Pre-K activities, learning games, crafts, and printables


What are pre-writing and pre-reading activities?

Teaching little ones while they are having fun is generally the main goal of early childhood educators.


Presenting pre-writing and pre-reading activities helps children acquire basic notions that are essential for school...


Pre-writing and pre-reading activities help children develop their visual memory, their attention span, and the ability to identify objects (visual discrimination). In terms of fine motor skills, these activities aim to refine children's ability to move their fingers and their hands. Children who are stimulated at a young age will be more comfortable with pencils, paintbrushes, and a pair of scissors and will therefore avoid useless energy expenditures.


What is pre-reading?
Pre-reading is the step before actual reading. Observing an illustration (interpreting emotions, characters, identifying time, corporal, and spatial concepts) contributes to the efficient development of children's attention span and their ability to discriminate. Associating illustrations to words helps children discover that everything they see can be written and read.


What is pre-writing?
Pre-writing precedes actual writing. Pre-writing exercises help children develop their fine motor skills. To be more precise, fine motor skills can be divided into four main components: hand-eye coordination (the eye directs the hand), finger dissociation (moving fingers individually), the ability to stop and start when required, and finger strength or muscle tone.


For example, a child who is playing with modeling dough is working on his fine motor skills, but to be more precise, he is strengthening his fingers and building muscle tone (pulling, flattening, pushing). This activity is therefore essential for learning to write. If the child has no muscle tone, how can he/she hold a pencil adequately?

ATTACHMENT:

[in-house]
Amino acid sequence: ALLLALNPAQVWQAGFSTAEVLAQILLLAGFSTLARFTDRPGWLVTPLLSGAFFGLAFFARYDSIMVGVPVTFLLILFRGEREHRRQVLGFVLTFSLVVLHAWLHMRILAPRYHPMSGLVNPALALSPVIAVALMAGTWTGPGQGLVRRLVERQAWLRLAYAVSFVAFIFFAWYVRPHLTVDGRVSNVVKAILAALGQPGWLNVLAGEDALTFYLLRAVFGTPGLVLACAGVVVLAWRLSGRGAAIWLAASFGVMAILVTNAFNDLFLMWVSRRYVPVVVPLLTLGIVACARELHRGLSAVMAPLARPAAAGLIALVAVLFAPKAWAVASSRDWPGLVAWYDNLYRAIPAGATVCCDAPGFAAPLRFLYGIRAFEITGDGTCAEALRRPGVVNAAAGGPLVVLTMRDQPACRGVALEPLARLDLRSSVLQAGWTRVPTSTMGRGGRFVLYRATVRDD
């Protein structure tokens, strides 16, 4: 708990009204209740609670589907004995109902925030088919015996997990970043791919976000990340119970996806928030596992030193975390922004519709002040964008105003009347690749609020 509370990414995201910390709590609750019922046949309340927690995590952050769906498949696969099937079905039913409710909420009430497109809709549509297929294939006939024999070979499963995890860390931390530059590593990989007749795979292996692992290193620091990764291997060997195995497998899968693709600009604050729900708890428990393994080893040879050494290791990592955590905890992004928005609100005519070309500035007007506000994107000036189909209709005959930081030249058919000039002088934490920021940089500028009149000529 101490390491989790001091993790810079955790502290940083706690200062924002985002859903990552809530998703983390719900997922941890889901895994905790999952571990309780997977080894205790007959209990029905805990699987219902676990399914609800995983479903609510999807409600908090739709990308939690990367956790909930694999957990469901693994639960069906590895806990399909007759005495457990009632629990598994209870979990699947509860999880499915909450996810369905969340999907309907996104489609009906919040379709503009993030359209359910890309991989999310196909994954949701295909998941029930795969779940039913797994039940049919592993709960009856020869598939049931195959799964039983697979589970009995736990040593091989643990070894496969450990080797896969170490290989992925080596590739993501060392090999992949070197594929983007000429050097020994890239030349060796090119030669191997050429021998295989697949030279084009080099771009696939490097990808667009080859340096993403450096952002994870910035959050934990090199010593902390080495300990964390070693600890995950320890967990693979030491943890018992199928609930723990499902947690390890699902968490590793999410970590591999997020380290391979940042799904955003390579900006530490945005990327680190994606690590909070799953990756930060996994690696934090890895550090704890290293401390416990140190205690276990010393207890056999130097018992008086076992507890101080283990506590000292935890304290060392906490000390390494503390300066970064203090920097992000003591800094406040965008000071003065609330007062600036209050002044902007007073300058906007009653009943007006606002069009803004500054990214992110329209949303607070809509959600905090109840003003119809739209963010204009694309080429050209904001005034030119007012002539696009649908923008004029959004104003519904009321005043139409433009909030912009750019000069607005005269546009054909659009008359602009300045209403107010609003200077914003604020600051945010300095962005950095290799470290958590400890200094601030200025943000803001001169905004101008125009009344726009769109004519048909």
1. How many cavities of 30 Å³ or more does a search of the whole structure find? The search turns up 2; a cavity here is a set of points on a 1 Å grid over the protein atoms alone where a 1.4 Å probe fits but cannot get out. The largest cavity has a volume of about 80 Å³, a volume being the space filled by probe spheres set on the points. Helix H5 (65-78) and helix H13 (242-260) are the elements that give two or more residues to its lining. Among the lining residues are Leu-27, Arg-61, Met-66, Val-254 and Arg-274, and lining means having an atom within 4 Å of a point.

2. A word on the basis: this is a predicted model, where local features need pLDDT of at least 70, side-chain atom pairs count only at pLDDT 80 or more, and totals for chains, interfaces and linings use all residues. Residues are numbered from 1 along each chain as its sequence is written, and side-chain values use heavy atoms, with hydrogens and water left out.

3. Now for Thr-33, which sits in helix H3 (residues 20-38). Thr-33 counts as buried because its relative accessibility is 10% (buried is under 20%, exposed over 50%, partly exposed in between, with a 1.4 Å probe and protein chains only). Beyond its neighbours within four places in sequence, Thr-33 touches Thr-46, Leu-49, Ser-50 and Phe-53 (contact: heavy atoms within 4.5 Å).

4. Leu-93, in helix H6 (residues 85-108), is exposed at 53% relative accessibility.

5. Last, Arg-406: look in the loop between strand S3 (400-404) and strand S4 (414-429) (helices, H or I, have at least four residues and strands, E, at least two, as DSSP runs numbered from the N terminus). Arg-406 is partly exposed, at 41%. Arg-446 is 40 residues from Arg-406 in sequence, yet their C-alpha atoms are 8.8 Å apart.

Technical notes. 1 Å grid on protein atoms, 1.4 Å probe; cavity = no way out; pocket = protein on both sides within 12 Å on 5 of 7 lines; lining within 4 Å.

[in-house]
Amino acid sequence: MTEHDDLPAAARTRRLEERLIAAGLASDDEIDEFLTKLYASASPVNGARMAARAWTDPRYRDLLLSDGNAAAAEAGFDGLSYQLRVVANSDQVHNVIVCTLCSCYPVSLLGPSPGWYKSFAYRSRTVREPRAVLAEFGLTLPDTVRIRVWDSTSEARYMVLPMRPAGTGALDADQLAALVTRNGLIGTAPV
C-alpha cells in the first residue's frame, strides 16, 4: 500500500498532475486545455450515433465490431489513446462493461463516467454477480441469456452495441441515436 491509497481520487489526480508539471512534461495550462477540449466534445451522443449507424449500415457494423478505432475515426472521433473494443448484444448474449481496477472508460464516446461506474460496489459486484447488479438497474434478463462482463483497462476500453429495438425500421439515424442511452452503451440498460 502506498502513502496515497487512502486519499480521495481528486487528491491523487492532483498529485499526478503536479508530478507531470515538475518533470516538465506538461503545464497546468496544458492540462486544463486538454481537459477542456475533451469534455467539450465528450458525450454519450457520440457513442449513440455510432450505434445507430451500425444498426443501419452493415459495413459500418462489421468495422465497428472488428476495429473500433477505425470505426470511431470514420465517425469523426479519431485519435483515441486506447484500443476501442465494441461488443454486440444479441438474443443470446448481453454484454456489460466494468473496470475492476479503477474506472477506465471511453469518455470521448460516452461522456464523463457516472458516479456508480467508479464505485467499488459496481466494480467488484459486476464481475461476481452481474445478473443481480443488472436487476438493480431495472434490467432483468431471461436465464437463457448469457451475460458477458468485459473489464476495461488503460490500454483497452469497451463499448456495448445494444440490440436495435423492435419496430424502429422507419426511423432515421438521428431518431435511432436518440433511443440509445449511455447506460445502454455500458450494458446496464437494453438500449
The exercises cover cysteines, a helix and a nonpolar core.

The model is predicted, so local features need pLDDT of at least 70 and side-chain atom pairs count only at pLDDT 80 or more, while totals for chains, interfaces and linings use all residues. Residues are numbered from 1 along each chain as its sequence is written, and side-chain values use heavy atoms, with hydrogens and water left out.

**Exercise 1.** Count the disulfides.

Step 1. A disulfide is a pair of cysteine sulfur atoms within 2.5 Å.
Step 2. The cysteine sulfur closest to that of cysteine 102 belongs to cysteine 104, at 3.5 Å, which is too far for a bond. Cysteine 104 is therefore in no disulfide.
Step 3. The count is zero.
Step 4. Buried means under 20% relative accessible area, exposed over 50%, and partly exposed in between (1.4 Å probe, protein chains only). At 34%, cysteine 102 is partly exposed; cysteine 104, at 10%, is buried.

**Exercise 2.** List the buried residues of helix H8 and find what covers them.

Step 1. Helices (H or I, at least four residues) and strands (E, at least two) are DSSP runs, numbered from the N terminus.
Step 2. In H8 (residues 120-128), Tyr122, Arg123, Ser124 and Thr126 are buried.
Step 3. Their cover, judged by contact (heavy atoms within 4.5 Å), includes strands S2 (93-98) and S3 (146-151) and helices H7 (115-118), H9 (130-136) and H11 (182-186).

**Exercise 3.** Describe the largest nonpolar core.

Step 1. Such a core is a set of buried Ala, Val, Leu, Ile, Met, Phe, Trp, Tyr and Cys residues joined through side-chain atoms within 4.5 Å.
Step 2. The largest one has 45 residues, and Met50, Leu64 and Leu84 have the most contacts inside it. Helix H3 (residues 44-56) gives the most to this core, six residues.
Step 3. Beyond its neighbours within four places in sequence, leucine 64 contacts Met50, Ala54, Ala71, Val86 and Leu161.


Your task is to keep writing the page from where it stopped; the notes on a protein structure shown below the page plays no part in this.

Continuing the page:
The ability to stop will make it possible for children to form letters while hand-eye coordination will enable them to write between two lines.


In general, it is preferable to present activities in an attractive way: on a platter, pretty crayons or pencils, in a special folder just like at school, etc. Material must be available at all times so that children can practice "writing" whenever they want. Pre-writing and pre-reading workshops should be present in your daily daycare setup on a permanent basis.


Keep in mind:

  • Never force a child to do an exercise.
  • Make exercises fun. Be a model for children and they will gladly follow in your footsteps.
  • Emphasize the process and not the end result.
  • Integrate exercises in your daily planning.
  • Nothing is more important than having fun!

Marie-Josée Thibert is not responsible for the content of this article. The information mentioned in this article is the responsibility of the author. shall not be held responsible for any litigation or issues resulting from this article.



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